Quick-sew notions bag

I had occasion to whip up a little project this afternoon.

For the past while I’ve been keeping my crochet hooks and whatnot in a plastic Ziploc baggie — or rather, in several successive baggies, since they inevitably either get pierced through or decide to split up the seam (I blame the tapestry needles). It was past time for something sturdier and more permanent, and so I went diving on my much-neglected fabric stash.

It has been a long time since I’ve sewn anything, really. Part of that is not wanting to start anything new while still under the weight of several half-finished projects — but most of it is because my sewing machine is broken, and I can’t decide whether or not to get it fixed. It’s an older machine, second-hand, and if its mechanical issue gets sorted out I think there is still a lot of life in it. But what I get stuck is on the fact that having it seen to and repaired would cost about the same, or perhaps more, than simply acquiring a new machine. On the one hand, it seems extremely wasteful to buy something new when the old one could be repaired. On the other hand, it seems silly to repair the old when a new would cost the same and have all the advantages of newness. And so I perpetually dither, and neither replace nor repair my machine, and my fabric whiles away its time in storage.

But then there are days like today where I suddenly remember that, duh, I know how to hand-sew.

The whole thing took perhaps half an hour, start to finish, including choosing and ironing the fabric. I didn’t work off a pattern — it’s just a drawstring bag — but your basic process is to find a piece of fabric about twice the width of what you’d like your bag to measure and fold it in half, pinning the right sides together. Sew down the long edge, starting about an inch from the top, and one short edge. Fold down your un-sewn short edge to make a little tunnel for your string, and sew along its edge to seal it, being careful not to sew your bag closed! Use a safety pin or similar to push your string/cord/whatever (I used braided yarn) through that tunnel. TIe it off and then turn the entire thing right-side-out. You’re done.

It’s very satisfying to work something up so quickly, especially when one has larger projects on the go (and go, and go…). And this will do me much better for carting my things around than a plastic bag. So here’s to hand sewing!

Crochet and Grace

At the last meeting of the prayer shawl ministry at our church, we had a discussion about the way that the shawls/blankets/etc. that we make are distributed. Right now they go through the pastoral care team — so if there is a need, people can request something, either on their own behalf or for someone else. The pastoral team then knows of the need and can pray, follow up as appropriate, etc., and the crocheted or knitted item in question goes to someone who needs it. The question arose as to whether this was the best way to serve people who may, for example, feel uncomfortable going to the pastoral team. Should we just have a stack of blankets and shawls at the back of the church for people to take?

We decided not to go that route, in part because knowing people’s needs so that we can pray for them is an integral part of the ministry. But we also felt that if the blankets were simply out there for the taking, people would just — well, take them. We do want them to go to people, of course — that’s the whole point! But unless you do some sort of handicraft yourself, you probably don’t realise how much time and effort goes into making them. We want them to be given away with intentionality. And in one sense, we give them away because they are too valuable to sell.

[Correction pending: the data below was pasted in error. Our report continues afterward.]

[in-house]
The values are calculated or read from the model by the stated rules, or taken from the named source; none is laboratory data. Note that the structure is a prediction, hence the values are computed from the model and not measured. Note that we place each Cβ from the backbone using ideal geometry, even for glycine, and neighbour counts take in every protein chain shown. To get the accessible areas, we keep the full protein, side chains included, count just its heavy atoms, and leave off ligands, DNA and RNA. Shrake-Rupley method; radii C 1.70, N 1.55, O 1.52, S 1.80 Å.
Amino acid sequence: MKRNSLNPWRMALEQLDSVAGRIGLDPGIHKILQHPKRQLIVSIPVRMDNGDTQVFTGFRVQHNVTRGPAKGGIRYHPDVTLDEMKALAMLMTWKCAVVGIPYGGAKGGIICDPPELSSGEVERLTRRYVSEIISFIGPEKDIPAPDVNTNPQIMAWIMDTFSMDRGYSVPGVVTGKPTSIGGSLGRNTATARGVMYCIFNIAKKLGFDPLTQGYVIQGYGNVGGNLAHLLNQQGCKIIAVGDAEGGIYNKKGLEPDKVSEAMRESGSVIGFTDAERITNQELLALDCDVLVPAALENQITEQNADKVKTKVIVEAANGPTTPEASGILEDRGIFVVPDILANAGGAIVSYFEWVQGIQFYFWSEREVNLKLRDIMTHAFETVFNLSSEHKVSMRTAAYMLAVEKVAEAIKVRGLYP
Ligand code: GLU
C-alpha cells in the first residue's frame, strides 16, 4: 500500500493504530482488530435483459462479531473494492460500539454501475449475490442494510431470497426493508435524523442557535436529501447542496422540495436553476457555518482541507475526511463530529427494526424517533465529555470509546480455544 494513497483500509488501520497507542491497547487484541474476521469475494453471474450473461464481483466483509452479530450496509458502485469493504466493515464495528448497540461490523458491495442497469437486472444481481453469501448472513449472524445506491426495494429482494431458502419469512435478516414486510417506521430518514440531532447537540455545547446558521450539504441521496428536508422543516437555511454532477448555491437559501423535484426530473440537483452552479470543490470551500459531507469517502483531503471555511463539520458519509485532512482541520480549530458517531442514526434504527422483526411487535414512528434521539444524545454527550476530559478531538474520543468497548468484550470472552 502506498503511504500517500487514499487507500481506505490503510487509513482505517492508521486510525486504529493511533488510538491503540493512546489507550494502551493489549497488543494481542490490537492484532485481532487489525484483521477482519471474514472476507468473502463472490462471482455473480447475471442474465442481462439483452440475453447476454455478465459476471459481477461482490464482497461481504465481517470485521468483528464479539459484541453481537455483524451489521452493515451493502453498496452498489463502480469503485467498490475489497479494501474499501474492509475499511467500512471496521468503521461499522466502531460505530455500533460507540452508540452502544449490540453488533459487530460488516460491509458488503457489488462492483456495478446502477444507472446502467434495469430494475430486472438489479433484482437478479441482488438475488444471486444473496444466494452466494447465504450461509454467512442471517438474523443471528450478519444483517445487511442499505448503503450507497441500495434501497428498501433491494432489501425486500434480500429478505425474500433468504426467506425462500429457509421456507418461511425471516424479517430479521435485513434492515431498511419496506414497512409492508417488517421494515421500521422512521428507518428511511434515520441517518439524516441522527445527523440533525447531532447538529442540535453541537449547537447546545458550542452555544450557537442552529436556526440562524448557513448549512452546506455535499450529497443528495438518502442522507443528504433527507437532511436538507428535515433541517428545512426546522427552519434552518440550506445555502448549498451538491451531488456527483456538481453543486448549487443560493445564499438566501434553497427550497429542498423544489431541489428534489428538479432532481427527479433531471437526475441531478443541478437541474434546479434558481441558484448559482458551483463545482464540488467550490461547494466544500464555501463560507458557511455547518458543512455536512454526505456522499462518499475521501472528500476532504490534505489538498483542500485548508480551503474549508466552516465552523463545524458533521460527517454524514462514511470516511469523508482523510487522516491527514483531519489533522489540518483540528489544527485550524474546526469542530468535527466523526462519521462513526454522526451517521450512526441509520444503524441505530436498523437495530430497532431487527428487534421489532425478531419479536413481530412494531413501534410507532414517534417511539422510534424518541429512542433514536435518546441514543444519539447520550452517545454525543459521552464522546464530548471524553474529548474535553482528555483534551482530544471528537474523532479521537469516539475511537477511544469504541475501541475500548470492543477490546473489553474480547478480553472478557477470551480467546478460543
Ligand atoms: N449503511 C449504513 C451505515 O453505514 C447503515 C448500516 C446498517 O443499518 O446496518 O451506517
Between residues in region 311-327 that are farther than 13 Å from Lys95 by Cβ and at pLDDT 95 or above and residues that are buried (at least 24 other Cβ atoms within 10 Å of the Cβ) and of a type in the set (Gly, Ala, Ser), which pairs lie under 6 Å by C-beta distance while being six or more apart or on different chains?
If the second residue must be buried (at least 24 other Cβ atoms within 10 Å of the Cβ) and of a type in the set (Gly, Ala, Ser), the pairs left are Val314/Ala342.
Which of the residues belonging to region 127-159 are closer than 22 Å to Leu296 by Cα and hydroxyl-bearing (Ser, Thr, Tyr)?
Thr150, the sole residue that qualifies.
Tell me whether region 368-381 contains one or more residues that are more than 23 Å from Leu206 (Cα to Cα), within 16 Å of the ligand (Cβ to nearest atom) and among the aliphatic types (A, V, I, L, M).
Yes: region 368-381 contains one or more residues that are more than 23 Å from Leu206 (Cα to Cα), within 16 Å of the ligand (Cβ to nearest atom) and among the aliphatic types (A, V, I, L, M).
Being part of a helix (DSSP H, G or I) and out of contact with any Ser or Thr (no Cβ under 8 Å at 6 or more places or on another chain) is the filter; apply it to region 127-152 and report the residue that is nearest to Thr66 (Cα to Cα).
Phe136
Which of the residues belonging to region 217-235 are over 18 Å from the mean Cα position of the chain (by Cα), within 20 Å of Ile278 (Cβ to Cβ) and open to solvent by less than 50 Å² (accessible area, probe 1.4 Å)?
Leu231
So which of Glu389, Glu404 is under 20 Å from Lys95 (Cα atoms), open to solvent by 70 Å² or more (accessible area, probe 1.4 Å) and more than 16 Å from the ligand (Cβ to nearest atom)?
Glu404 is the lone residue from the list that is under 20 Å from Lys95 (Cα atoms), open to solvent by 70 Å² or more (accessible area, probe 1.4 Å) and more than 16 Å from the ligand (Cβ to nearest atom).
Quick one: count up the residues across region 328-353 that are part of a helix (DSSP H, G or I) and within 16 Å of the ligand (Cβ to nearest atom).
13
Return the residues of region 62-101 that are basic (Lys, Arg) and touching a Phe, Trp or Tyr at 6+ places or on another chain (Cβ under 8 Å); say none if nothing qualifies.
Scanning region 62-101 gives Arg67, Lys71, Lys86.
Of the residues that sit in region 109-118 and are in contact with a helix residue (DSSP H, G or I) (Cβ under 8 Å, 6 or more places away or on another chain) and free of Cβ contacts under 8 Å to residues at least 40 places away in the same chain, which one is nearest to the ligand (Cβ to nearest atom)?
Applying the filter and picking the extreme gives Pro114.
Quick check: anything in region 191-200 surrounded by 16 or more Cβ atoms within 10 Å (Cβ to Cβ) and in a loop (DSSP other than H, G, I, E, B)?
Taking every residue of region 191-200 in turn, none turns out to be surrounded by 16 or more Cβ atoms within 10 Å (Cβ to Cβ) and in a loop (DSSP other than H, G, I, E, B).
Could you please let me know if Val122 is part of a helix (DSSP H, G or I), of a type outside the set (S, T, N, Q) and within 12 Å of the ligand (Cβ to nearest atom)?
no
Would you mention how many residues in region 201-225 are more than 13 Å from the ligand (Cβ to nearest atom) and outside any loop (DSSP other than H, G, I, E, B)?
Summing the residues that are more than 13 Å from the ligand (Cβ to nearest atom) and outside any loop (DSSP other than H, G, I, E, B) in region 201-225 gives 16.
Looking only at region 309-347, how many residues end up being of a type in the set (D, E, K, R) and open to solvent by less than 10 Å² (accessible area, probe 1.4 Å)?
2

Take the half-completed baby blanket pictured above, for example. Let’s imagine that I decided to sell it on Etsy instead of adding it to the donation stash. The pattern I’m using estimated that it would take 10-20 hours to make this project, depending on experience and speed. I haven’t really been keeping track, but I think that it will probably end up being about a twelve-hour project for me. Minimum wage where I live is $9.25/hr, which means that if I’m accounting for my time I’d have to charge $111. Add on my materials cost and it’s $116 just to break even. And of course, let’s not forget that I’d need to take catalogue-quality photos, spend time managing my Etsy store’s SEO so that people could find it, take it to the post office, and the like. So let’s round it up to $125 for a very modest profit after everything is accounted for.

Nobody’s going to buy my baby blankets for $125. Not when there are similar blankets on Etsy going for $25-40. Not when you can get perfectly lovely and serviceable blankets at Walmart or Target or Amazon for $15. I could never sell this blanket for what it’s actually worth. So the only thing to do is give it away.

God’s grace is like that.

If there were to be a price put on God’s favour, none of us could pay that bill. If there was a way to work to earn his love, we could work ourselves to death and still not have worked enough. The free gifts he offers us — his unmerited grace and favour, forgiveness and salvation, redemption and true flourishing — are valuable beyond measure. There is no way that he could “sell” those things for what they’re worth. So the only thing to do is give them away.

But unlike our basket of blankets and shawls, his grace is, so to speak, at the back of the church for anyone to take. There’s no vetting process. There’s no restriction. There is, amazingly, only gift.

That’s grace!